IN THE aftermath of this year's massive Mobile World Congress in Barcelona, calls are growing for its organiser – the GSMA – to change the venue.
One of the complaints about the show's previous venue – Cannes in France, was that the hotels were too expensive. However, Barcelona's own local radio reported an instance where one hotel was charging eight times the normal rate – just because the conference was on.
The INQ was offered a fairly typical single room for an amasing €245 a night towards the tail end of the show.
There are reports, however, that "After last years' [2007’s] crime wave at Mobile World Congress, the GSMA had an audience with the Mayor of Barcelona to say that if it didn't improve this year - then it would move the show."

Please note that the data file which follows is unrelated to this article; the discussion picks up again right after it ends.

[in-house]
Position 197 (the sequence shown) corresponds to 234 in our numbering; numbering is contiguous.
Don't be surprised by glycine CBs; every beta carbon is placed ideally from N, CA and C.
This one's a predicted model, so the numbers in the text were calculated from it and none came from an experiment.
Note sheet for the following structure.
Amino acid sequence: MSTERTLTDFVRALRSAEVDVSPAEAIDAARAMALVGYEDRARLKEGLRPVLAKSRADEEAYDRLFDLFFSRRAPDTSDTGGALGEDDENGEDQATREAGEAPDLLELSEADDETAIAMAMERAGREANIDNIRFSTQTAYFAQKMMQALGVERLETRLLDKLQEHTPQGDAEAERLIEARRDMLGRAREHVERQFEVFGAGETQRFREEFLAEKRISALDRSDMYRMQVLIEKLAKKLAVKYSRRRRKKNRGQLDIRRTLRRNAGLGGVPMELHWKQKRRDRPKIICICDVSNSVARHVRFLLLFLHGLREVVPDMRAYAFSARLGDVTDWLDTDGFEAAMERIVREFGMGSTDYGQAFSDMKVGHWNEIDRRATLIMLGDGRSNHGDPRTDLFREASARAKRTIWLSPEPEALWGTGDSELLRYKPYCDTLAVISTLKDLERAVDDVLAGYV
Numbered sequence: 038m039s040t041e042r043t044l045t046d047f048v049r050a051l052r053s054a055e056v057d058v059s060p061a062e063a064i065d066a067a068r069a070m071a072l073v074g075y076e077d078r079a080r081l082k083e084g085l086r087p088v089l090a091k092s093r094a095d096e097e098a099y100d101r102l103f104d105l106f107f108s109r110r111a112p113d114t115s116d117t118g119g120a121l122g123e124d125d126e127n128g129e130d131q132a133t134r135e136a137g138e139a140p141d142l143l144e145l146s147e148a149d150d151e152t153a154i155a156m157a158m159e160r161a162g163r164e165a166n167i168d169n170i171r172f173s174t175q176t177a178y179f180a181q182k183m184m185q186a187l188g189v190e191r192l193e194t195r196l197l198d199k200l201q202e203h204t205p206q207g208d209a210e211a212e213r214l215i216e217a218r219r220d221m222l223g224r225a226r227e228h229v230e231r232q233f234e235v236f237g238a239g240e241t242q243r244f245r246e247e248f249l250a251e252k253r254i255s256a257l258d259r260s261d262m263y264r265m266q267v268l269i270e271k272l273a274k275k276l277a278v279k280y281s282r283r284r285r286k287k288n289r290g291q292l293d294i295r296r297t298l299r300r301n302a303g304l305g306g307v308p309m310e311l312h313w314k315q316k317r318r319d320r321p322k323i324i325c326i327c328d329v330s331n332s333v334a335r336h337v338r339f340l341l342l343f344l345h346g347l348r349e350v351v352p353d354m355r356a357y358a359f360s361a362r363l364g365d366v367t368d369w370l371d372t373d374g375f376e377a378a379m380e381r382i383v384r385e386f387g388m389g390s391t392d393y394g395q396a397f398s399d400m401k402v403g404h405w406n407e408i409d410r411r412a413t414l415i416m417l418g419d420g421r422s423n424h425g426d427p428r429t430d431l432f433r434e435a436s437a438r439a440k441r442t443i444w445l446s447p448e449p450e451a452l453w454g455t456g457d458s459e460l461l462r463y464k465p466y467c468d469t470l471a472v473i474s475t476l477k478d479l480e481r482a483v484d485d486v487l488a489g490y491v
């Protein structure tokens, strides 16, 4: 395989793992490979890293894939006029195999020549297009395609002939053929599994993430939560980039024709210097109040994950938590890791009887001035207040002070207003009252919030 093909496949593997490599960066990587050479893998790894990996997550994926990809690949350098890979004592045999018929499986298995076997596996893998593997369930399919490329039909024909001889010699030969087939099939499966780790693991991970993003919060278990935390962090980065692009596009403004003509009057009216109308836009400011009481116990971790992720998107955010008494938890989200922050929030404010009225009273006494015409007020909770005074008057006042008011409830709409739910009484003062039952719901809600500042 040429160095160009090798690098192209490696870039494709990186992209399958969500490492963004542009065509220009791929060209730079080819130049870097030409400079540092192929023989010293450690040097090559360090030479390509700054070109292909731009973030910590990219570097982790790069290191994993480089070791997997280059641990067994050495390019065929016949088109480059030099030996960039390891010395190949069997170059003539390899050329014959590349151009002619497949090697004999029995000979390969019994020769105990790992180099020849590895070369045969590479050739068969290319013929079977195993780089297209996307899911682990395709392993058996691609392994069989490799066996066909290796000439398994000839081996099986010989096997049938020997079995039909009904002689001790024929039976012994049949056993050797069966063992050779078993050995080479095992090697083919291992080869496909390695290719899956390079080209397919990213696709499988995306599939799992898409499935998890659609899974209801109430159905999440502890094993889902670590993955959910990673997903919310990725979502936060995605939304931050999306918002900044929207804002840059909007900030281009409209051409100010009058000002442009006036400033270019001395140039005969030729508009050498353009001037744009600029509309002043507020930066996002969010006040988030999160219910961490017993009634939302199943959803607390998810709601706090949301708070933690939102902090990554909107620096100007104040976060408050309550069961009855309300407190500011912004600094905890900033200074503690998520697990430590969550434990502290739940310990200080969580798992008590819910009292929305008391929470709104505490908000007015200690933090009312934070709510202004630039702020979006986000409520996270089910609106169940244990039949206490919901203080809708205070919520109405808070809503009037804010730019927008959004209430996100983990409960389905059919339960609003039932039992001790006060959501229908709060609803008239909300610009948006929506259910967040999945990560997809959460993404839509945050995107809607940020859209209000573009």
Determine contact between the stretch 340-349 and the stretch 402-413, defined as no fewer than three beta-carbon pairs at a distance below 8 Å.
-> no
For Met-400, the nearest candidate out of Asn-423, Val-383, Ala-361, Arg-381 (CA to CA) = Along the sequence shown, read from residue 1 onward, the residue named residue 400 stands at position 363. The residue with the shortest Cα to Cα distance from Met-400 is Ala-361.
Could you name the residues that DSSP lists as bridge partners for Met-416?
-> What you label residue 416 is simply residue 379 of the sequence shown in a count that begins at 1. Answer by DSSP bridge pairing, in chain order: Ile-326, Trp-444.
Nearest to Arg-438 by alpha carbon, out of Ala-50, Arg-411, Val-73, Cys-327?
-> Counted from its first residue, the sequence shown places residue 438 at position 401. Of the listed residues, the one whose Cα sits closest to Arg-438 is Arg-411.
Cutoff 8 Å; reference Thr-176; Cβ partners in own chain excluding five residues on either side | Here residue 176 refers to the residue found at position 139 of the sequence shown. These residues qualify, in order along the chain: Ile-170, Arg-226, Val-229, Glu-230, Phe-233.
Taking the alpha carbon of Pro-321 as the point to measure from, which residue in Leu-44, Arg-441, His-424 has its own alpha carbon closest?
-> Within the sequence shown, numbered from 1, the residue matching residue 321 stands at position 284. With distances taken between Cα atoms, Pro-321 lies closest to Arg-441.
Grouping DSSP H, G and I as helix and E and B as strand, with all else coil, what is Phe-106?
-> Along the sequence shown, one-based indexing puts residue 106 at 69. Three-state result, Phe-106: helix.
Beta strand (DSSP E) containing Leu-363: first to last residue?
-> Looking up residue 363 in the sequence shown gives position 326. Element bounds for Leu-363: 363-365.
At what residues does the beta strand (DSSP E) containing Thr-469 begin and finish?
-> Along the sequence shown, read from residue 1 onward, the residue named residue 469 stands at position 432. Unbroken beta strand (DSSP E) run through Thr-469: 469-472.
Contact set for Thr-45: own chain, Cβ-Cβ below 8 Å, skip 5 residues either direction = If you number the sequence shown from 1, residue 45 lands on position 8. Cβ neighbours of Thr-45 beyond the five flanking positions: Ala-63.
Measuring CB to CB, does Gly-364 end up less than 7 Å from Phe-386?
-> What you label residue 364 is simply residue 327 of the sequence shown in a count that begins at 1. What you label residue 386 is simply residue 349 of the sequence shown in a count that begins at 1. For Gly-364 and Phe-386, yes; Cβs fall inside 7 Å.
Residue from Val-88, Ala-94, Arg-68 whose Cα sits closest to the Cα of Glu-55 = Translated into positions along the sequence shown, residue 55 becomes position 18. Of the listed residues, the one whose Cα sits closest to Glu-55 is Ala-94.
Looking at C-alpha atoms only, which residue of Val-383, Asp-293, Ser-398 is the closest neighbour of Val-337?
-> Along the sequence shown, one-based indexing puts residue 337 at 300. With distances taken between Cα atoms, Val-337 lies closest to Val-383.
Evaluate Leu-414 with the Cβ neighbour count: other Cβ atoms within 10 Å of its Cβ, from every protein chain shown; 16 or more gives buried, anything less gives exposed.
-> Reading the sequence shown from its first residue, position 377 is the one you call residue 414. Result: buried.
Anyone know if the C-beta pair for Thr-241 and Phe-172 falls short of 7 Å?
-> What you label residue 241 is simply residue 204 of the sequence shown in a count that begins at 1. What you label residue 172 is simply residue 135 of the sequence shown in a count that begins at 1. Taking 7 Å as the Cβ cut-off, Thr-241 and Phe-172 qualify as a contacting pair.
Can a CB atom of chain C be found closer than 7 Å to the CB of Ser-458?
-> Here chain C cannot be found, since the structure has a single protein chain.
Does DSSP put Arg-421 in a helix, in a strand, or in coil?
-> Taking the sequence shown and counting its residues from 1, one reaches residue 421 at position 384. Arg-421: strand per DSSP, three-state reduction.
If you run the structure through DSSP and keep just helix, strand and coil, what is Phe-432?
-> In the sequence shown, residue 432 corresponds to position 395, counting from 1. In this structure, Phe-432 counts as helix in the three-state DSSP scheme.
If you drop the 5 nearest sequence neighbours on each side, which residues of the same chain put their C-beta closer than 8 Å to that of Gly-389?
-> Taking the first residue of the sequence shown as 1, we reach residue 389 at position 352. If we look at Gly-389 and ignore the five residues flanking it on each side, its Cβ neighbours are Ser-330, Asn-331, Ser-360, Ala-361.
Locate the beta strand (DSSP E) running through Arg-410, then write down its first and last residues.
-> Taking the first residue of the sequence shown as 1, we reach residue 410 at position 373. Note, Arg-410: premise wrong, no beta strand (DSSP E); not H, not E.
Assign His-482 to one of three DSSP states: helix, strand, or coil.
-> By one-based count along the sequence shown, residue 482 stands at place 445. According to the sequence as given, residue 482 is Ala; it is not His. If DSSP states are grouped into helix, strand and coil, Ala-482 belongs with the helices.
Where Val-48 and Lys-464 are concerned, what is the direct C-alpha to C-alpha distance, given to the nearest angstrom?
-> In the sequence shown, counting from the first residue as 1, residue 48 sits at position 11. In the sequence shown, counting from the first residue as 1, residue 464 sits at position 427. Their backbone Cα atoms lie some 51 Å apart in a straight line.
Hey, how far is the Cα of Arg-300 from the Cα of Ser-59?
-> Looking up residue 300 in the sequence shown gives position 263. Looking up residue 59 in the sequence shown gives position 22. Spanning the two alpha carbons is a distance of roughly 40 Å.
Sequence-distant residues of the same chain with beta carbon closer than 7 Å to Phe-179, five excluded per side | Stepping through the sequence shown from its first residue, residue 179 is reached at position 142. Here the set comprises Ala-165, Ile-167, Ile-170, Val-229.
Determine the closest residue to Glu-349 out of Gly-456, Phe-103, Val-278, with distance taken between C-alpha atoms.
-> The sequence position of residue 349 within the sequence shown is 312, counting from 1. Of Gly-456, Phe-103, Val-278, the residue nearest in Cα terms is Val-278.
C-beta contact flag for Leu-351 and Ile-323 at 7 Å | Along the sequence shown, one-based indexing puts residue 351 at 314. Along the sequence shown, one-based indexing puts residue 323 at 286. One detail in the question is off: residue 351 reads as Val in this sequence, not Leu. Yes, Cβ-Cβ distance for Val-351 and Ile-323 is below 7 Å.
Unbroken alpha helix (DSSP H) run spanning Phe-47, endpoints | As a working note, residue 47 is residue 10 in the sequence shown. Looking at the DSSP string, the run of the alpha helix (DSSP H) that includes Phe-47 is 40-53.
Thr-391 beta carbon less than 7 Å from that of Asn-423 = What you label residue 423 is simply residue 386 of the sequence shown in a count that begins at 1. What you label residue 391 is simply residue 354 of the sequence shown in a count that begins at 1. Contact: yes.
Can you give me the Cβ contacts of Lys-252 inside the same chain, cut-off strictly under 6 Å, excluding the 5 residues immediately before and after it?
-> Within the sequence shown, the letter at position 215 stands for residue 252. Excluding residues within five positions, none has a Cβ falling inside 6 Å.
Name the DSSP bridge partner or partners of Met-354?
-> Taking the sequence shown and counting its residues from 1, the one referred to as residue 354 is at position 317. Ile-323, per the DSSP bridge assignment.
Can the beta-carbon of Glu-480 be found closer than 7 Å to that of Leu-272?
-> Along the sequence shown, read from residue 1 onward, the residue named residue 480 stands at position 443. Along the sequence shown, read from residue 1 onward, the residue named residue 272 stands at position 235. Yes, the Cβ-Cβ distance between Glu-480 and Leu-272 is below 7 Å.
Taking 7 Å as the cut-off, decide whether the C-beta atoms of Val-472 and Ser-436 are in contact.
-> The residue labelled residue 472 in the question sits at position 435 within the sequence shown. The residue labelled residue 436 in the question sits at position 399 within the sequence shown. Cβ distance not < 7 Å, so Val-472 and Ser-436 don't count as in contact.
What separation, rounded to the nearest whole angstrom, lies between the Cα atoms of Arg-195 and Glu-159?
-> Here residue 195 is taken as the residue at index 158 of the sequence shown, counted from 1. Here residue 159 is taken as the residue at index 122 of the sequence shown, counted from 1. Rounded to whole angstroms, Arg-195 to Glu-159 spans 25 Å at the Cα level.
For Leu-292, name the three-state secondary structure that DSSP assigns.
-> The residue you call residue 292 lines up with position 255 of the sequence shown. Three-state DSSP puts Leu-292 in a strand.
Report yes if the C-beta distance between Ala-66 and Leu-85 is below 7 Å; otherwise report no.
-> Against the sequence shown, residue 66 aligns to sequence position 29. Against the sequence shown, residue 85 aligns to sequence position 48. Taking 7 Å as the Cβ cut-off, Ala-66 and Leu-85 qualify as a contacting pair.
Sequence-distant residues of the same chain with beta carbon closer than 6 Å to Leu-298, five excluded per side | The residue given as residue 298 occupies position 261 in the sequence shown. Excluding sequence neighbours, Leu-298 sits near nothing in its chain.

The muggings haven't stopped. One participant – who asked not to be named, had his mobile phone stolen while an ex-colleague is still in a Barcelona hospital after having been stabbed. There's also a report on Mydigitallife here of a journalist losing a rucksack containing all her worldly goods.
She said, "There were about 10 of us at the police station, and the victims … were from different countries and race groups, representing a wide spectrum of ICT companies, all attending the Mobile World Congress."
The GSMA did put out written security warnings with the bumf which accompanied the show information. There was also a heavy police presence at the nearest subway station warning attendees to take off their show badges and beware of pickpockets.
The GSMA doesn't help matters, however, with its insistence on journalists showing some form of photo ID. The INQ tried showing a Citzencard it obtained to gain entrance into Glastonbury but the official demanded a passport. So all us Brits are forced to carry their passports on the first day. Which doesn't help.
The GSMA couldn't be reached for a comment this morning. µ
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